If the previous day’s battle was not enough to finalise the top positions in the GC, Sunday 14 July, the tricky eighth and final day stage, will be the last chance to try and overturn (or confirm) the rankings of the 2024 edition of the Giro Women. The 109-kilometre Pescara-L’Aquila offers plenty of Apennine climbing along the way and two official KOMs. The last 2,500 metres of elevation gain of the nearly 12,000 in programme do not include hard gradients but very long climbs. Just as twenty-four hours before, the descents will also play an important role.

Right off the bat, the riders will climb gradually towards Forca di Penne (918 metres, second-category KOM): 22.5 kilometres at 3.2% and peaks at 8%. Classic breakaway ground. Just past the fiftieth kilometre of racing, the ascent to Castel del Monte (altitude 1303 metres, first-category KOM) begins: another 13.2 kilometres at 4.7% with 8% peaks. The following ups and downs will provide the perfect and potentially last opportunity to blow the race apart. At thirty kilometres to go, the intermediate sprint of Santo Stefano di Sessanio (at 1230 metres of altitude) anticipates a final climb before heading towards an unpredictable finale in L’Aquila. The demanding walls of Acquasanta (1.7 kilometres with peaks of 9%, four kilometres from the finish) and the final one in the city centre (1.1 kilometres at an average of 7.5% and peaks of 11%) will be the final obstacles to overcome, with podium spots and stage win still very much up for grabs.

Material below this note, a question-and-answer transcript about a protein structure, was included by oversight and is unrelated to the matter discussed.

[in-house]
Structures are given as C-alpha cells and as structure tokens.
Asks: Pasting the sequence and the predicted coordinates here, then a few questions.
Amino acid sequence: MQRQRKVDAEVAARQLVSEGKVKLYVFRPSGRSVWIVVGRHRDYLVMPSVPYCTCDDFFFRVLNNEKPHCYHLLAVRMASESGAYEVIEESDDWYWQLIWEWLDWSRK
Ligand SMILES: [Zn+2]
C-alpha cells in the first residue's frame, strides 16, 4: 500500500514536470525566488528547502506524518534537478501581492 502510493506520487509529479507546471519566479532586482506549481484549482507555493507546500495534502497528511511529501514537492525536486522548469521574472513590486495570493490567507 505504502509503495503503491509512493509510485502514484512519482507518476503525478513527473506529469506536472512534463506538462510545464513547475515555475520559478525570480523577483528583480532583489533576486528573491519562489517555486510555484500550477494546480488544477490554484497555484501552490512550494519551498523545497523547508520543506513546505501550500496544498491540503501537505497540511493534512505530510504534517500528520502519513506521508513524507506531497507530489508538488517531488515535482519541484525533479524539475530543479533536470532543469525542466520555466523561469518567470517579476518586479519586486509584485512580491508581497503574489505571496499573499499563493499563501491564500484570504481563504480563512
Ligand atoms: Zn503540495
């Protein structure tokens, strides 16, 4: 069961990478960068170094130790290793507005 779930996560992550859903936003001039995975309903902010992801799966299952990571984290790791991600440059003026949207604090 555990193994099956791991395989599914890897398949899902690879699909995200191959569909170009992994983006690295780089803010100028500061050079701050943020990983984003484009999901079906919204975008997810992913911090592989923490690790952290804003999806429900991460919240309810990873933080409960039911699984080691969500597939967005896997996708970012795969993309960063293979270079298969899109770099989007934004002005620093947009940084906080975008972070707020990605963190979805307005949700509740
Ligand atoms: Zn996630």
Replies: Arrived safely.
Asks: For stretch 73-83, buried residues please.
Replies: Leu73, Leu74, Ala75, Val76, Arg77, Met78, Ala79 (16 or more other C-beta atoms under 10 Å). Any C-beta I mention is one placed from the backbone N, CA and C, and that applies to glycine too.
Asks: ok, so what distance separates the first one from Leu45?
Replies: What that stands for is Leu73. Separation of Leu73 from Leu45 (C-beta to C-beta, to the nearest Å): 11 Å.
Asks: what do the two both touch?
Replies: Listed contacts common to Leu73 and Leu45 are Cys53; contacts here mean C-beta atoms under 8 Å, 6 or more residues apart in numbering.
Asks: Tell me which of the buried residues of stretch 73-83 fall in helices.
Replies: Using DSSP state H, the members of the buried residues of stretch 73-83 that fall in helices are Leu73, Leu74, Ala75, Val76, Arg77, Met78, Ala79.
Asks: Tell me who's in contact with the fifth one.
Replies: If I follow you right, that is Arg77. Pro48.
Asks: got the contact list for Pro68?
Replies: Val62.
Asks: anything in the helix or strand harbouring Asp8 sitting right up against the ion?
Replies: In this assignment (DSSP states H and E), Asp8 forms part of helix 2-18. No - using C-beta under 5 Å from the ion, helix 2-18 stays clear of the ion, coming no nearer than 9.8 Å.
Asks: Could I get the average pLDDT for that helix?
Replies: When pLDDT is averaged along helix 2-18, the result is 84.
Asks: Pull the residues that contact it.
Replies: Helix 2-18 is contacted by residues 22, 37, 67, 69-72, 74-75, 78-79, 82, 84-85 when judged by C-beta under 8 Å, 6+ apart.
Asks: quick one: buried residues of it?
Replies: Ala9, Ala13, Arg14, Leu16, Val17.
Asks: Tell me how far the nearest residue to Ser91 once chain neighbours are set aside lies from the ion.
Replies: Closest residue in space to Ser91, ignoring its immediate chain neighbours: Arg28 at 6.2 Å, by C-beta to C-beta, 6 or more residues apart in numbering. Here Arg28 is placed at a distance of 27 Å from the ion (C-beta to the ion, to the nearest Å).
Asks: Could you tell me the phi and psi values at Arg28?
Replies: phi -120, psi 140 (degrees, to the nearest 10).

Let’s keep an eye on…